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Anthony Glees’ comments on Scottish independence

8 Sep

The Scotsman reported this morning that there was a ‘“Scottish independence link” to ISIS Scots hostage’ David Haines. The short article was made up almost entirely of quotations from Professor Anthony Glees of the Centre for Security and Intelligence Studies at the University of Buckingham.

Glees’ comments seem to originate in an article in the Sunday Post in which he says that ‘ISIS are masters of propaganda and realise the impact of selecting a Scot. They will hope by showing the UK is weak and unable to defend its citizens it will drive Scots to embrace independence.’

He goes on to argue that ‘One of the UK’s big selling points in remaining together is the strength of the UK on the world stage – their sword and shield. If they can no longer strike hostile forces who attack their citizens, the UK is clearly in danger of being a spent force heading towards division. And a weakened UK is exactly what the ISIS wants.’

It is interesting that Glees gives absolutely zero evidence for his argument aside from the supposedly logic leap from Haines being Scottish to ISIS aiming to influence the independence referendum. Indeed, it is questionable whether Haines being Scottish and having family in Scotland is of any interest to ISIS at all. Glees’ appears to be building his argument on attributing motivations to ISIS that there isn’t really any evidence for.

As Glees highlights, ISIS are masters of propaganda, so it’s strange that they have completely failed to mention that Haines is Scottish. The video in which they threatened to execute Haines as they have done James Foley and Steven Sotlof makes no explicit reference to Haines being Scottish and the this fact is something reported in the press based on their own investigations and not on information provided by ISIS. It is tenuous at best to argue, as Glees does, that ISIS is deliberately trying to influence the outcome of the independence referendum.

What is less tenuous is the argument that Glees, in contributing to the debate around ISIS in this way, is trying to influence the result of the referendum. Glees has made perfectly clear on his Twitter account that he is opposed to Scottish independence, posting several messages like these over the last few weeks:

Glees’ comments then, far from being an unbiased, academic contribution to the debate based on his experience as an scholar of intelligence look instead to be a concerted attempt to introduce the prospect that by voting Yes Scots are playing into the hands of ISIS.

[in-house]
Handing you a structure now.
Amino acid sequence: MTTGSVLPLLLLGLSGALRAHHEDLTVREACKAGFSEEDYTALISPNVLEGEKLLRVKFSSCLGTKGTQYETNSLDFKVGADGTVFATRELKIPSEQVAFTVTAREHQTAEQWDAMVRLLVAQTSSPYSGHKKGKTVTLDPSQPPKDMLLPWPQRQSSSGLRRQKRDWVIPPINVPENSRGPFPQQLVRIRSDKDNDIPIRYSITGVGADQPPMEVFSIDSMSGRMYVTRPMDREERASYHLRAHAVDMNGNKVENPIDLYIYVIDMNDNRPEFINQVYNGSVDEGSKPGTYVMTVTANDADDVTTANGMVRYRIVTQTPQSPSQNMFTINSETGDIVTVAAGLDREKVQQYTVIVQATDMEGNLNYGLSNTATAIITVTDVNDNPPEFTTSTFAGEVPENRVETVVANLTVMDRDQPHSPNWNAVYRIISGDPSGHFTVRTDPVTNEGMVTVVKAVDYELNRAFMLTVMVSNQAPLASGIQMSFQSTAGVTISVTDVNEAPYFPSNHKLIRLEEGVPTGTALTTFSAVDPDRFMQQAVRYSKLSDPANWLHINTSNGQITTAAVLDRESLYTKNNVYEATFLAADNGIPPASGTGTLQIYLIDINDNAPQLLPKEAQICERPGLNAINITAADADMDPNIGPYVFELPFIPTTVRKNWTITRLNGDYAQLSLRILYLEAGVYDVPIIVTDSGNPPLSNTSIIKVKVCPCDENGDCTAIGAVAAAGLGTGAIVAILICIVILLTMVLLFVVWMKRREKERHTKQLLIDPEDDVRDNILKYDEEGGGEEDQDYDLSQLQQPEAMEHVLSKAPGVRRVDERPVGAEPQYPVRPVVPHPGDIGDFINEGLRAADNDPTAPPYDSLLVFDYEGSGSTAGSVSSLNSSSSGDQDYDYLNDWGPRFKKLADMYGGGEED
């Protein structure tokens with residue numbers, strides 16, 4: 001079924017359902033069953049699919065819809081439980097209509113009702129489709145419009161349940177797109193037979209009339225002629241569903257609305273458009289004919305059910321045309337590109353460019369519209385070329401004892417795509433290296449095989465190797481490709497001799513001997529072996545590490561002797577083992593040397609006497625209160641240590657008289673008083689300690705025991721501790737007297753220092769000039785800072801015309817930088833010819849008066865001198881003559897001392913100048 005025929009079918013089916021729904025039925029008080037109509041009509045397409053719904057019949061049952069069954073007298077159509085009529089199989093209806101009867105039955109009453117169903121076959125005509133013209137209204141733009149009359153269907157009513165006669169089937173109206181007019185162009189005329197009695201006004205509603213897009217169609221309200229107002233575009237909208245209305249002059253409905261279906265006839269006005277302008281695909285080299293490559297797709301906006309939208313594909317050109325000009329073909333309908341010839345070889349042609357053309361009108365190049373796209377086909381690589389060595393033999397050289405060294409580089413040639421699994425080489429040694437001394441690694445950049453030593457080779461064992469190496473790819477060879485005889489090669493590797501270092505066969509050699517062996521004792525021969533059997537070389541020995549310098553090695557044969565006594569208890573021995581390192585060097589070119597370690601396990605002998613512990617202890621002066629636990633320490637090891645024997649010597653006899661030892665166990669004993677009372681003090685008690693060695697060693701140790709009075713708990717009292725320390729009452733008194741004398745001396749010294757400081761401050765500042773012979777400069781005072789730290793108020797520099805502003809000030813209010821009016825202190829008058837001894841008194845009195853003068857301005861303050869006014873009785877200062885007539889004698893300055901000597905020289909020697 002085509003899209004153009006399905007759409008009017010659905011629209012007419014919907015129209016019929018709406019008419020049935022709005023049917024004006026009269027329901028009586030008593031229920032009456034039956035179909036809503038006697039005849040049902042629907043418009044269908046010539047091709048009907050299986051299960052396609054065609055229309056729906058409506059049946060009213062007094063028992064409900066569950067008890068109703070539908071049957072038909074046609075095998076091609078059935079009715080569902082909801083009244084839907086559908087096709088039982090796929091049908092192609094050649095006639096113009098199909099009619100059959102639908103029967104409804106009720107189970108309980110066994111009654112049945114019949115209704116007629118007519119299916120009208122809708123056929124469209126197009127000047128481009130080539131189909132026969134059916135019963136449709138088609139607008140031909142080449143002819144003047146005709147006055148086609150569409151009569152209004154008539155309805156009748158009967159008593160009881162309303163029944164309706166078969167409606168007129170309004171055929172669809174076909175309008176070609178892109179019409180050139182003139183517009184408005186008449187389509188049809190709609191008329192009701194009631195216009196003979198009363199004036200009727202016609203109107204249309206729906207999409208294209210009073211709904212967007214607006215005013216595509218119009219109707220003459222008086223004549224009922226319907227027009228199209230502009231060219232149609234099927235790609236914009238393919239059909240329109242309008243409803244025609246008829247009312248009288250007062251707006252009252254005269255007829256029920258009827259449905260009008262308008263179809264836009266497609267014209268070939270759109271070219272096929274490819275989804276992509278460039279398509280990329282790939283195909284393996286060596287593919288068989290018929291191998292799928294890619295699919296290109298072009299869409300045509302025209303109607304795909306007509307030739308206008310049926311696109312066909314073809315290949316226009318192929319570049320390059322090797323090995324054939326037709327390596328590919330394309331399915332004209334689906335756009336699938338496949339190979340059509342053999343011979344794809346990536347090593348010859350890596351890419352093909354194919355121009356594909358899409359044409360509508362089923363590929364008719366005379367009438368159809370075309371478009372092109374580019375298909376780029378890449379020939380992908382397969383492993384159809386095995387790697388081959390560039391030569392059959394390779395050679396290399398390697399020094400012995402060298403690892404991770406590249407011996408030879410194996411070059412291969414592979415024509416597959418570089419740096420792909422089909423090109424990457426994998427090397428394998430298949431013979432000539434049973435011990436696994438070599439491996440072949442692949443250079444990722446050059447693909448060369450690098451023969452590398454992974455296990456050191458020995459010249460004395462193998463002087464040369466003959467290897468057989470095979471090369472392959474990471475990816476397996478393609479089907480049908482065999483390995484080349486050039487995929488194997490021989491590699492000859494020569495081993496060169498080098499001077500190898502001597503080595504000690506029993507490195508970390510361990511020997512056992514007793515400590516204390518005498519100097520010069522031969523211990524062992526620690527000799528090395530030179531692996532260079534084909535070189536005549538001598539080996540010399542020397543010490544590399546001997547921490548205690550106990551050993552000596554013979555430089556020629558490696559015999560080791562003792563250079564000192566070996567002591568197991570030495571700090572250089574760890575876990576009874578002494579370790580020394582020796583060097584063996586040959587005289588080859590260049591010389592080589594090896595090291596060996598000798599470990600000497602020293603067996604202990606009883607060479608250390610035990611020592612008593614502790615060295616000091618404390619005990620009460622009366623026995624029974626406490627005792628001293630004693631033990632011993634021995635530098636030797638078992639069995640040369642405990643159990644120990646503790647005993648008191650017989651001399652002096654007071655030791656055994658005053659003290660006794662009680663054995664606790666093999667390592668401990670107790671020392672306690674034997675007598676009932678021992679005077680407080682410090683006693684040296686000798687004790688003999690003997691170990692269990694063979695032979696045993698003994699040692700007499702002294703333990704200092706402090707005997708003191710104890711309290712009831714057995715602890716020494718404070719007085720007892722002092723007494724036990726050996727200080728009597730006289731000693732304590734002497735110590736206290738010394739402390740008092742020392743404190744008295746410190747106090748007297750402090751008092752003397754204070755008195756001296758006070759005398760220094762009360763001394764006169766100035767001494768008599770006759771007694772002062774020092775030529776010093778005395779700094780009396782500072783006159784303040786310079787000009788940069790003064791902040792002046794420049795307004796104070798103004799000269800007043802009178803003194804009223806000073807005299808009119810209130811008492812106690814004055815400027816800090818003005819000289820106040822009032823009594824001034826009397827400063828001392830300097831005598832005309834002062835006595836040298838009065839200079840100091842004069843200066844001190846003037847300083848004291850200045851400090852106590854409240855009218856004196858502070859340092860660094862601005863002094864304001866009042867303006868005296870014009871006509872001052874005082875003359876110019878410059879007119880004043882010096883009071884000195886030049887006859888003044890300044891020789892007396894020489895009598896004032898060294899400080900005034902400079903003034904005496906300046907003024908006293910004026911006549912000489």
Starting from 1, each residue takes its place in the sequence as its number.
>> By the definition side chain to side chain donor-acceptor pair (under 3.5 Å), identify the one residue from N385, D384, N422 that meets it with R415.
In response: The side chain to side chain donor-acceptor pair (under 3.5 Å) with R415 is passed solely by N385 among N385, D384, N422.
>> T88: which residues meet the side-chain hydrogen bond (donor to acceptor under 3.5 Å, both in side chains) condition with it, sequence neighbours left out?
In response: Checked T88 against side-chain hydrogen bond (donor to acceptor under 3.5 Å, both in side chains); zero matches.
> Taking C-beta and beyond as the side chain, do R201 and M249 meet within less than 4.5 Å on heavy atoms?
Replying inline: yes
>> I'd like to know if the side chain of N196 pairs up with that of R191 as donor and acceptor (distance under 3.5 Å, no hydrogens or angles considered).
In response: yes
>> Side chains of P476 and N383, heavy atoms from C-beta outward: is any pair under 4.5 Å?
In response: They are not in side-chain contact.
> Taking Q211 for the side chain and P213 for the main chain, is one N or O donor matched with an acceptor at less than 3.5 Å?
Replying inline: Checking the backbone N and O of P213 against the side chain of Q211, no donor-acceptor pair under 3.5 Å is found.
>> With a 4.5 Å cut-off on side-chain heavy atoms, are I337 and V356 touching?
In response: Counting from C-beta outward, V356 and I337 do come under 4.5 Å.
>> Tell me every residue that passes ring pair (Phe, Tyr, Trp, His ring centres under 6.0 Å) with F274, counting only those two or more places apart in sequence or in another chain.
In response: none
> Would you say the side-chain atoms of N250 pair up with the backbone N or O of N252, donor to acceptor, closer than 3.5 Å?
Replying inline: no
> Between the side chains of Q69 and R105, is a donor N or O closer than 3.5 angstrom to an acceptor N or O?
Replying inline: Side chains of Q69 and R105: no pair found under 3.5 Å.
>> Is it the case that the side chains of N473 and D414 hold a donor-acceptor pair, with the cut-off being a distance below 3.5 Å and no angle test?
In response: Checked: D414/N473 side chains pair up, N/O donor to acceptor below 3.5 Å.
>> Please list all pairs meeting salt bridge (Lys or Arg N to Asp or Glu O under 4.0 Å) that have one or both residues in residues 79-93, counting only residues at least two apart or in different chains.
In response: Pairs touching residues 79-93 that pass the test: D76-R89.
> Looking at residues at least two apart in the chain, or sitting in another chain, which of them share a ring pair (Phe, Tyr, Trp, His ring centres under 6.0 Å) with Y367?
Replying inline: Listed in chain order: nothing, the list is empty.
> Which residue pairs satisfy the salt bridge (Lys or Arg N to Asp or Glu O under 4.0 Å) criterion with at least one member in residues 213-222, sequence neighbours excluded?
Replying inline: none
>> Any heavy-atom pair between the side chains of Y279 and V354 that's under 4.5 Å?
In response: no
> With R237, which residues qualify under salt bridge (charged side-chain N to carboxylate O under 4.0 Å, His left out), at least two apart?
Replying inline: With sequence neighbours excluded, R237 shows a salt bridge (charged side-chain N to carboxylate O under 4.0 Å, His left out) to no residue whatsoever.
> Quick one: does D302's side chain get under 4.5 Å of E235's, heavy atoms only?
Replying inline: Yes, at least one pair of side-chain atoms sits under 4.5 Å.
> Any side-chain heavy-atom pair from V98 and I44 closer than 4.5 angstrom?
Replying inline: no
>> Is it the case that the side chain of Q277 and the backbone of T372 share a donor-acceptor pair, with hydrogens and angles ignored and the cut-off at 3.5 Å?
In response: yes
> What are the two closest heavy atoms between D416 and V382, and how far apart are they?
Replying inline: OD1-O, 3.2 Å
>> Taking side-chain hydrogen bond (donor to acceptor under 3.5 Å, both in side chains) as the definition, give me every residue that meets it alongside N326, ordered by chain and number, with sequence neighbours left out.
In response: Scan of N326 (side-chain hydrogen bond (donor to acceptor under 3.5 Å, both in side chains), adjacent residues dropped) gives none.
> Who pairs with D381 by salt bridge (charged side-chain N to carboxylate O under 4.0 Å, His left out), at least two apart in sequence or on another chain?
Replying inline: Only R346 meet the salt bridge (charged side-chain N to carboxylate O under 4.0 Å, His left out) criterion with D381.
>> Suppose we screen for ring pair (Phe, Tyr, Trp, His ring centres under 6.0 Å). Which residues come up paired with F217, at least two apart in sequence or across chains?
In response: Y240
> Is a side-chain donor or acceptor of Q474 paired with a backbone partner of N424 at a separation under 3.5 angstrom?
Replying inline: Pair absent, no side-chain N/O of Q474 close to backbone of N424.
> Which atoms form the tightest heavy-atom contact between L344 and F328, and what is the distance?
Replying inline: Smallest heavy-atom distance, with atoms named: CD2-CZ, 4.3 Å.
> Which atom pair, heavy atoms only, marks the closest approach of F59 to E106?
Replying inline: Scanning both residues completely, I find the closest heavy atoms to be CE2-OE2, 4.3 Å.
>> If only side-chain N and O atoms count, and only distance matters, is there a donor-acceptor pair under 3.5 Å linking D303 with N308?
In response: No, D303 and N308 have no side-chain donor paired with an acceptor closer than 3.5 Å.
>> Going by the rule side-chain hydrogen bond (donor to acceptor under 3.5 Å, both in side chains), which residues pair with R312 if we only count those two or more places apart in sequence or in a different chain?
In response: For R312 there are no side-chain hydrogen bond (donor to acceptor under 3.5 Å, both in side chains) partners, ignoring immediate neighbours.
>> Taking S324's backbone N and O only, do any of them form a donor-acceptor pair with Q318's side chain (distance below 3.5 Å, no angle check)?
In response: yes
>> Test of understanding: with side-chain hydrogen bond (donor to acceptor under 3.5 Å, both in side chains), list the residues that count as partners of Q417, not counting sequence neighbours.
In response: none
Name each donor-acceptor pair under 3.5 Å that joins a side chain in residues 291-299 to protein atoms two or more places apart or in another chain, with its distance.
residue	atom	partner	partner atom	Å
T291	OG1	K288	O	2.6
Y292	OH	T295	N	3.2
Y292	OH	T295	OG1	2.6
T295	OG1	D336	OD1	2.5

From what I can tell, the argument has been met with the derision it deserves on social media, but nonetheless Professor Glees should be called to account for such inflammatory and groundless accusations that, one could easily claim, exploit the shocking executions by ISIS for his own interest in seeing the UK remain a single state.


The Evolution of Critical Management Studies?

13 Aug

Here’s a post I helped write with Marton Racz about a PhD conference were helping organise at the University of Leicester on the 16th and 17th of September.

It is just over three years since Martin Parker and Robyn Thomas published their influential description of the concerns which a critical academic journal should have. Parker and Thomas – renowned critical scholars both – then and until very recently presided over Organization, within which the piece was published, as editors-in-chief. Just like their predecessors, they understood themselves to be developing and maintaining a critical tradition of scholarship by developing and maintaining the journal Organization. So within the hall of mirrors predicament that is reflexive manifesto making, as anybody who reads the article can see, a disgruntled form of modesty evidently prevails. So too, one can also read, does evolutionary imagery:

If it looks like a duck, quacks like a duck and smells like a duck, then it’s probably a duck, even it likes to claim that it is a velociraptor (p. 424).

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18 May

This is a short video I recorded on the meaning of Anarchist Studies and the prefigurative relationship between activism and academia. The video is part of a virtual issue of the journal Anarchist Developments in Cultural Studies, edited by Duane Rousselle. The full issue, available online, includes contributions from Ruth Kinna, Jacques Ranciere, Jamie Heckert, Nathan Jun, Jesse Cohn, Michelle Campbell and others, all answering the question, ‘What is Anarchist Studies?’

Academia: A Club for White Boys

15 May

Liam Barrington-Bush, who spoke at the CPPE last year on anarchism and management, was recently invited to participate in a panel discussion by CharityComms on brand management in the digital era. After discovering that the panel would be exclusively made up of white men, and discussions with his Twitter followers and Facebook friends, Liam decided to back out of the panel, arguing that the panel sets the tone for the event and the field that white men are the accepted experts.

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